Halvorson blames loss on funding
MANNS CHOICE — The third time was not a charm for Art Halvorson, the Republican repeat challenger.
“I’m disappointed by it, by the result and by the way it was won,” Halvorson said Tuesday evening at his primary viewing event at White Sulphur Springs Conference and Retreat Center. “I still have the same passion. It’s just that this wasn’t apparently the way I was going to be able to influence change.”
Halvorson received 10,175 votes, a little over 15 percent, finishing fourth among the eight candidates running for the 13th Congressional District seat.
John Joyce won the Republican primary with 14,627 votes, about 22 percent of the total votes.
State Sen. John H. Eichelberger Jr. finished second after Joyce with 13,104 votes or about 19 percent. Stephen Bloom came in third with 12,208 votes or about 18 percent.
Halvorson was upset at Joyce’s campaign spending.
“When millions are used against you, you can’t recover,” he said. “You can’t refute a negative when that kind of money goes after you. It was a sad spectacle, and the people lost because there’s no way for me to counter the charges that were laid against me, the false charges.”
Halvorson and some of the event attendees also attributed the primary outcome Joyce’s connections to Rep. Bill Shuster and the number of Republican candidates with conservative views in the race.
Douglas Braendel, an attendee at Halvorson’s viewing party, said he was disappointed by the Republican primary results.
“I watched how much money went into bringing Art and John Eichelberger down,” Braendel said, commenting on negative ads he received in the mail about both candidates. “Not everybody knows him (Halvorson). When you have a big district like this, it’s hard to get to know who the people are. And people might’ve believed what those ads said.”
Lee Bryan, another attendee, said, “The people did not win in that John Joyce, while claiming to be an outsider, was the farthest thing from being an outsider among these candidates. The machine behind Shuster and all the millions went behind Joyce. In that sense, this election was purchased.”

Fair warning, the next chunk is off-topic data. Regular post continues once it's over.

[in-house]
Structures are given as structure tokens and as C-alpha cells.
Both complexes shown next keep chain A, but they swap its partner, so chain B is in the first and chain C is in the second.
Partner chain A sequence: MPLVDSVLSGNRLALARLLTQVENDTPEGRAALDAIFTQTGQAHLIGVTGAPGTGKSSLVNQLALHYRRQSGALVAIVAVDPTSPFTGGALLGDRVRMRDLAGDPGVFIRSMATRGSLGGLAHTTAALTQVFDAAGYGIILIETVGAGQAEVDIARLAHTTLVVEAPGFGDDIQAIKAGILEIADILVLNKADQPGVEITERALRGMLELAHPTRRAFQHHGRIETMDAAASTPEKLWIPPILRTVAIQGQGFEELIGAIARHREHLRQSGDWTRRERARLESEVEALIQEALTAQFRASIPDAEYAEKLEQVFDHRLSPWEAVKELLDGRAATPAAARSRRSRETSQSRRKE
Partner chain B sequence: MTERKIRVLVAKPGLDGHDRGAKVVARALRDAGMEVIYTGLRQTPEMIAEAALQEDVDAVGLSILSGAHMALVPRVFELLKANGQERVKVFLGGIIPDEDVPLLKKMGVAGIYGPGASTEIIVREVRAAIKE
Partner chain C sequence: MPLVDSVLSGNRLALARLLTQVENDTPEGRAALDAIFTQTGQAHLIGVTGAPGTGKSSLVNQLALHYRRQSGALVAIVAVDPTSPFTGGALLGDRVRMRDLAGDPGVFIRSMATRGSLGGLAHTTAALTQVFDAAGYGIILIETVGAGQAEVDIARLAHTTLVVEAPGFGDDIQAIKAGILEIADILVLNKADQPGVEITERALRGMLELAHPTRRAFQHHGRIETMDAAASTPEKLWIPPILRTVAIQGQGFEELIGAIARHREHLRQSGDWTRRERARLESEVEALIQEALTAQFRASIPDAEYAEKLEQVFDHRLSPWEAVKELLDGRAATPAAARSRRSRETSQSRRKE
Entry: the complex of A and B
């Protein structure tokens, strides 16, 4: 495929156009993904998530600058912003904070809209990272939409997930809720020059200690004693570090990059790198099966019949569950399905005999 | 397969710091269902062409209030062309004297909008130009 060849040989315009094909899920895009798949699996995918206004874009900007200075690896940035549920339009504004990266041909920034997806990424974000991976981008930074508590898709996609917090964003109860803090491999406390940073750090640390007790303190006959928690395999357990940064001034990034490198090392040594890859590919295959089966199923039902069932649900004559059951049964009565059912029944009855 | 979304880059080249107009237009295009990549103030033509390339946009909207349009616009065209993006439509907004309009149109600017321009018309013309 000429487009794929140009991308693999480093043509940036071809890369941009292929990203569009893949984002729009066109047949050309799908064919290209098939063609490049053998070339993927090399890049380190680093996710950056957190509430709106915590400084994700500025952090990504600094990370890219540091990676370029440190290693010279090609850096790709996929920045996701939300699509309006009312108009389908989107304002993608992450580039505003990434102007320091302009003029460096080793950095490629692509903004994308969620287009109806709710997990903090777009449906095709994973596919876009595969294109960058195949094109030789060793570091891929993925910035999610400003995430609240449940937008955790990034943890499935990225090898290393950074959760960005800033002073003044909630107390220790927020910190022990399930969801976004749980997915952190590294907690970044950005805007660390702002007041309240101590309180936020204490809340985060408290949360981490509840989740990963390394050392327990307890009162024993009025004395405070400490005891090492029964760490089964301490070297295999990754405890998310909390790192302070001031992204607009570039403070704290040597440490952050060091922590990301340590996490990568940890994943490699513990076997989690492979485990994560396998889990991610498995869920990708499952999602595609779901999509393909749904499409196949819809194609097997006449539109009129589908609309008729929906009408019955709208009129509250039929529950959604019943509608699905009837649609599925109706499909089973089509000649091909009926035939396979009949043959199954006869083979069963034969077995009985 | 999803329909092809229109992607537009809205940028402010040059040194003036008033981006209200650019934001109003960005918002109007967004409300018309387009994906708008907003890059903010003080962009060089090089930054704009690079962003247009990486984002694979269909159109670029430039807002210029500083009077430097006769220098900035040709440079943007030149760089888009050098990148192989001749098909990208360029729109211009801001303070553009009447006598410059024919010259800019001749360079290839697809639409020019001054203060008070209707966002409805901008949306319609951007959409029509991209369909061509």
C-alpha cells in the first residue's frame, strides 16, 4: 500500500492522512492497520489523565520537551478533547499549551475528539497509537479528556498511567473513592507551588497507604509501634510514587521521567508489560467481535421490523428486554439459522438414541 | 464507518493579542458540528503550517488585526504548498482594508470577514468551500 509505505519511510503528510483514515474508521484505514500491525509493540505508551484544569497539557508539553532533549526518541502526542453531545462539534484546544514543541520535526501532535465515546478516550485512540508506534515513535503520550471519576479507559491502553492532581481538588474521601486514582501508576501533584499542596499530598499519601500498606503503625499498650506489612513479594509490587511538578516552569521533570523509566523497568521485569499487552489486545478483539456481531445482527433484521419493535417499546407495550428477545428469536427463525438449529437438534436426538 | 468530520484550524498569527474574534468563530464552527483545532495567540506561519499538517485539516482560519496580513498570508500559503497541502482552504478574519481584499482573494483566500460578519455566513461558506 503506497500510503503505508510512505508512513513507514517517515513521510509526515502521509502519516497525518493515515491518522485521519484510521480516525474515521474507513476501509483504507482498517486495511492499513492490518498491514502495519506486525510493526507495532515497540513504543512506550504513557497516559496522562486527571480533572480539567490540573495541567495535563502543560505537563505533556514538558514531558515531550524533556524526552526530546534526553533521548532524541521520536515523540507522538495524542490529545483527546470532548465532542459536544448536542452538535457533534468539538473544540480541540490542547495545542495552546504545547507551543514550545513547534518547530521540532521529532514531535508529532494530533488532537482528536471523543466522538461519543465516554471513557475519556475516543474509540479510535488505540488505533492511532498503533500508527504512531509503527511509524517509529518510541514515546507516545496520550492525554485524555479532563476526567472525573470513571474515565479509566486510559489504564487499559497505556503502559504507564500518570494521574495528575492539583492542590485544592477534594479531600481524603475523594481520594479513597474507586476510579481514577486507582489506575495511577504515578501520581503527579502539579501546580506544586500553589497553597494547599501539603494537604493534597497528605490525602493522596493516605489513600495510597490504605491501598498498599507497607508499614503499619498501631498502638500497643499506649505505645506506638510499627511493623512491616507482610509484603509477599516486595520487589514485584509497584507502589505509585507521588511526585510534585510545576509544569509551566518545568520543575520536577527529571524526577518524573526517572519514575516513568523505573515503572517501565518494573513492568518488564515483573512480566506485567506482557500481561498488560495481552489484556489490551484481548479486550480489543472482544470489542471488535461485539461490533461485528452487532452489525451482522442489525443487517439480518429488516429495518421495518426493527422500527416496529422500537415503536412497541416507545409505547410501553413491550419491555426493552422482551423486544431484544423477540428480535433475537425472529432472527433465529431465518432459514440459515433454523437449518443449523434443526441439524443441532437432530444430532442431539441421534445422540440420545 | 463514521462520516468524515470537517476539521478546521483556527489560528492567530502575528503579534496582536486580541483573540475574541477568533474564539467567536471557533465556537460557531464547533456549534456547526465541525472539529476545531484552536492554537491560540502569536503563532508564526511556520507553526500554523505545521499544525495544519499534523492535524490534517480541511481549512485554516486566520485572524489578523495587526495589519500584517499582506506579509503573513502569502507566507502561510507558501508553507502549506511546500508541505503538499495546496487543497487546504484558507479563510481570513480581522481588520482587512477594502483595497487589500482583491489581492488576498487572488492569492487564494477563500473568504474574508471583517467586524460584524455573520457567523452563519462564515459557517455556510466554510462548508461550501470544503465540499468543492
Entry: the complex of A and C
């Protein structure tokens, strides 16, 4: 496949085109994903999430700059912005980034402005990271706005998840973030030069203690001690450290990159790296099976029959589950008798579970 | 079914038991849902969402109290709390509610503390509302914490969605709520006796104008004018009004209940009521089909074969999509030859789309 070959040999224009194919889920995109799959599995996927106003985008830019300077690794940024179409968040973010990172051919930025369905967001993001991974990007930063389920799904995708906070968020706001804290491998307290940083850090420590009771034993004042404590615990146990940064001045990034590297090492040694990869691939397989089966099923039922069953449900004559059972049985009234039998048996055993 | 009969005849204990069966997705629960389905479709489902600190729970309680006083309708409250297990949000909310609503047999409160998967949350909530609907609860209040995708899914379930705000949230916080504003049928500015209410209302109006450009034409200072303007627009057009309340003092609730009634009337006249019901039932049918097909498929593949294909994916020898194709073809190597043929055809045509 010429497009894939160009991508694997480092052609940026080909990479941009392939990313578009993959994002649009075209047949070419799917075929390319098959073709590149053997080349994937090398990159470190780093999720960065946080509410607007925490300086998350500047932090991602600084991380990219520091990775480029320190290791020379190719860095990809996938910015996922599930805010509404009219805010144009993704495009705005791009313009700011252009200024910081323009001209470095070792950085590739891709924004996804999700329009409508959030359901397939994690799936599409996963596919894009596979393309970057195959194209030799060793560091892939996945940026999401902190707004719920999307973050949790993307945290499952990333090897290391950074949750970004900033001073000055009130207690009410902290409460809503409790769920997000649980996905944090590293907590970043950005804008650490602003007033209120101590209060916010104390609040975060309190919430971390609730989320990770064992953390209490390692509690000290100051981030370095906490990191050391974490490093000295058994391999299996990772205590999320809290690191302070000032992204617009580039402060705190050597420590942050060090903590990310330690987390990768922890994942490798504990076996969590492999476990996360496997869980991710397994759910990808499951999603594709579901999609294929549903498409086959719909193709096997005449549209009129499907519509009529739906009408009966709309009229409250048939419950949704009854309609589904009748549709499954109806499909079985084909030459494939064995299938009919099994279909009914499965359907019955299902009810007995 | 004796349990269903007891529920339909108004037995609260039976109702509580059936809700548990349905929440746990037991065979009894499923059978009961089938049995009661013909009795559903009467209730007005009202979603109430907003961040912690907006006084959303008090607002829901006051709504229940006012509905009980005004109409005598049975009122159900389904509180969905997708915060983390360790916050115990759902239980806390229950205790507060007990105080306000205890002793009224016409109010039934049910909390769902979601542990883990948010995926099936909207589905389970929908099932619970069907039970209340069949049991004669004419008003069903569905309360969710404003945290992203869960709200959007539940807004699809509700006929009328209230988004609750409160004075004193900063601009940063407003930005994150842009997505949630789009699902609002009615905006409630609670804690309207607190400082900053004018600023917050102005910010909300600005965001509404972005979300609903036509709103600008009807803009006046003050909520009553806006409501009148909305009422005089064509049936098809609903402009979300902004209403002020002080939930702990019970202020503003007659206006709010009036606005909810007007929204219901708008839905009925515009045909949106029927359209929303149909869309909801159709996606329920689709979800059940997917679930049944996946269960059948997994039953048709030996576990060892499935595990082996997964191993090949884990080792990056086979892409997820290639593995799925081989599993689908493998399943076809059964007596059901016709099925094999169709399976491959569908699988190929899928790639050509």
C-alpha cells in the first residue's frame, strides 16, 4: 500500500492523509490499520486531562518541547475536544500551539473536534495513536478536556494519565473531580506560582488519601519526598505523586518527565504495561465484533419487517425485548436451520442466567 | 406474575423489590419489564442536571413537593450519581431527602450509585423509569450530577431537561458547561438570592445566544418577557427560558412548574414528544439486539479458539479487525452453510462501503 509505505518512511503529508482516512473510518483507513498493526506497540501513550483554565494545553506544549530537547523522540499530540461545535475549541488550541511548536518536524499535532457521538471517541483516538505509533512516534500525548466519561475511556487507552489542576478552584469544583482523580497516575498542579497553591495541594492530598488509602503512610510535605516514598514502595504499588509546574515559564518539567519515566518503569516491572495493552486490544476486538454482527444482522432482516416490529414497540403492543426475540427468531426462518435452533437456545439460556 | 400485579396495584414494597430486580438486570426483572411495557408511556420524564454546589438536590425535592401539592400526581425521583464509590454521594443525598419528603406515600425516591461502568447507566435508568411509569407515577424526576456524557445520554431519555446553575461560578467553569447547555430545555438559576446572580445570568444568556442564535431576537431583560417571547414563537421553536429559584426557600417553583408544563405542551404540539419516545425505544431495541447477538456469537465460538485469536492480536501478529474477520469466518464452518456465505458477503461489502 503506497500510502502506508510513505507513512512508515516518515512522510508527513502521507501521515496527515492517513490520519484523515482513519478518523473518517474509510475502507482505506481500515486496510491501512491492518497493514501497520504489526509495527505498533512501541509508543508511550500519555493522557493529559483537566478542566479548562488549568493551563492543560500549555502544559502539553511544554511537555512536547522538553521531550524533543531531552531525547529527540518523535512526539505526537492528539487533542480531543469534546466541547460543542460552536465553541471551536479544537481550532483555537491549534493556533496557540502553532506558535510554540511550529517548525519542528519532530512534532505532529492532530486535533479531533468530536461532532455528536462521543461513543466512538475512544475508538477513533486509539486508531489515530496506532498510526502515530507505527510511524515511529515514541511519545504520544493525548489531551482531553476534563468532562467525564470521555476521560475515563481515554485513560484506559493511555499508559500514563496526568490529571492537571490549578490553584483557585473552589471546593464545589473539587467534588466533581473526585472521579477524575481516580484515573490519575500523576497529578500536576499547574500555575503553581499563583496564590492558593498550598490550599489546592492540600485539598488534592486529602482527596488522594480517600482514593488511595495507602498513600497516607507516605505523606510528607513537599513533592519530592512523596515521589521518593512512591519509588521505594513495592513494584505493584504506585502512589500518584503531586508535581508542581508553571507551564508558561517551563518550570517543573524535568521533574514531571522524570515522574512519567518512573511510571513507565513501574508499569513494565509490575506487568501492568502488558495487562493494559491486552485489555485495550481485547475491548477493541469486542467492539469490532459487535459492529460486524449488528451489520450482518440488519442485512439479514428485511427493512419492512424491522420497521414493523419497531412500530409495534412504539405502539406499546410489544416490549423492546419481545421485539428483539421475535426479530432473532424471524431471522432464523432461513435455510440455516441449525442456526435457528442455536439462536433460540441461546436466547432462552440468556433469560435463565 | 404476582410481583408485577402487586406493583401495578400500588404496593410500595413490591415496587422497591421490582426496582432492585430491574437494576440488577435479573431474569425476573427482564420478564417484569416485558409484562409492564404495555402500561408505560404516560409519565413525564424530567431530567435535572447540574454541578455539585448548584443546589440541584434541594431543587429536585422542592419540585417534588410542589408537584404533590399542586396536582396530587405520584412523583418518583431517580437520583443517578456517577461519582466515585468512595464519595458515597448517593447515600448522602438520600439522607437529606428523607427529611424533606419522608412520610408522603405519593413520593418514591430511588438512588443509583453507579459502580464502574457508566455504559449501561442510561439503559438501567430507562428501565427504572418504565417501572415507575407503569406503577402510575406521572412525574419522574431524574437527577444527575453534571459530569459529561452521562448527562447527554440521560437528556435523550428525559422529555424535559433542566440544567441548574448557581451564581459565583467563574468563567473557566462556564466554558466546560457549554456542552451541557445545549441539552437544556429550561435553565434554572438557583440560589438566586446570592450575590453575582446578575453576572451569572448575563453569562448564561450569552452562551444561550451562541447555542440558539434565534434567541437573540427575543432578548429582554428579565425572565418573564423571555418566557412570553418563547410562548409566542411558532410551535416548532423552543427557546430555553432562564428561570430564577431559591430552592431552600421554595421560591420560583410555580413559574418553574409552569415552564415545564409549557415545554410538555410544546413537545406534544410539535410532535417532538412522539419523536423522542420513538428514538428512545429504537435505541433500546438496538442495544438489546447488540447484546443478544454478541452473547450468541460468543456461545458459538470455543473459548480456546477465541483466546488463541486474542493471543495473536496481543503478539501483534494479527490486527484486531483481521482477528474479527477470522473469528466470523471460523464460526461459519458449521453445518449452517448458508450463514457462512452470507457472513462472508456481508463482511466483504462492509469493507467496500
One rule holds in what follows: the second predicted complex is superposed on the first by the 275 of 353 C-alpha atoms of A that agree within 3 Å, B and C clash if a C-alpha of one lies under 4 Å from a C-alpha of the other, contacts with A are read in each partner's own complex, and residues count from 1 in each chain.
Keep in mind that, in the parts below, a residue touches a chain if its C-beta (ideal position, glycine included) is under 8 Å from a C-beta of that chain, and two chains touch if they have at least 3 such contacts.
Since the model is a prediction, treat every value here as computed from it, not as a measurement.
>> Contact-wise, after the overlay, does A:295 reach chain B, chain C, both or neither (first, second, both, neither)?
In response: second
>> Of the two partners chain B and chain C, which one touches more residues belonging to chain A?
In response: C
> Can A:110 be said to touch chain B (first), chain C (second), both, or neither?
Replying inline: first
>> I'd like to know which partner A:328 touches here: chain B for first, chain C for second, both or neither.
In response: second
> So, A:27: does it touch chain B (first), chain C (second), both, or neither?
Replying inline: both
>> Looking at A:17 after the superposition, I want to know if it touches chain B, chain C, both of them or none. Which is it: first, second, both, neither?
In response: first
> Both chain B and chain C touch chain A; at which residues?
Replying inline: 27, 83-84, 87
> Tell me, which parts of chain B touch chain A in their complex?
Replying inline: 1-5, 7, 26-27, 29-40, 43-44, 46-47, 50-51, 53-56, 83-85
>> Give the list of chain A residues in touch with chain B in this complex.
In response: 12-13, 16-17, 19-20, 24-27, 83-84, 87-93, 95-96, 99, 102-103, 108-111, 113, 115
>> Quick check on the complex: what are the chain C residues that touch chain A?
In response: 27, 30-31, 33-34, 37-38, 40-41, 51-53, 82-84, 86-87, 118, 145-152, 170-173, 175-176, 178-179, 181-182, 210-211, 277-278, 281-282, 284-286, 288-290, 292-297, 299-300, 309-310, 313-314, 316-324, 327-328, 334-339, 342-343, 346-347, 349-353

Halvorson was seeking a congressional seat in a district that has many of the same voters as the former 9th District.
Shuster, who has been in Congress since 2001 after succeeding his father, Bud, announced his retirement in January, a move that encouraged other candidates to enter the race.
This was the third time Halvorson ran for Congress. He ran for the first time against Shuster and Travis Schooley in 2014.
Halvorson ran again as a Republican candidate against Shuster in 2016, but narrowly lost the primary to the incumbent. He received enough write-in votes to win the Democratic primary and accepted the party’s nomination to run in the general election that year.
Halvorson received about 37 percent of the votes or 107,985 votes, compared to Shuster’s 186,580 votes in the 2016 general election. He received about 34 percent of the votes in the 2014 primary, compared to Shuster’s 53 percent and Schooley’s 13 percent.
Halvorson’s wife, Paula, praised her husband’s courage.
“I’m extremely proud of Art,” she said. “He has run a good race and he did something that not many had the courage to do, which is take on an incumbent, and he did it with integrity. I think this time there were several good candidates, which made it really difficult for the voters to pick who the right person to vote for was.”
When asked if he would run for Congress again, Halvorson expressed uncertainty.
“It’s hard to say,” he said. “I think there are some other things for me to do. I gave this my best shot. The money is a big deal. And no money came my way. I don’t know what would change or if it would change in the future because that’s what necessary, obviously. This proves it’s still a money game — a big money game.”
Mirror Staff Writer Shen Wu Tan is at 946-7457.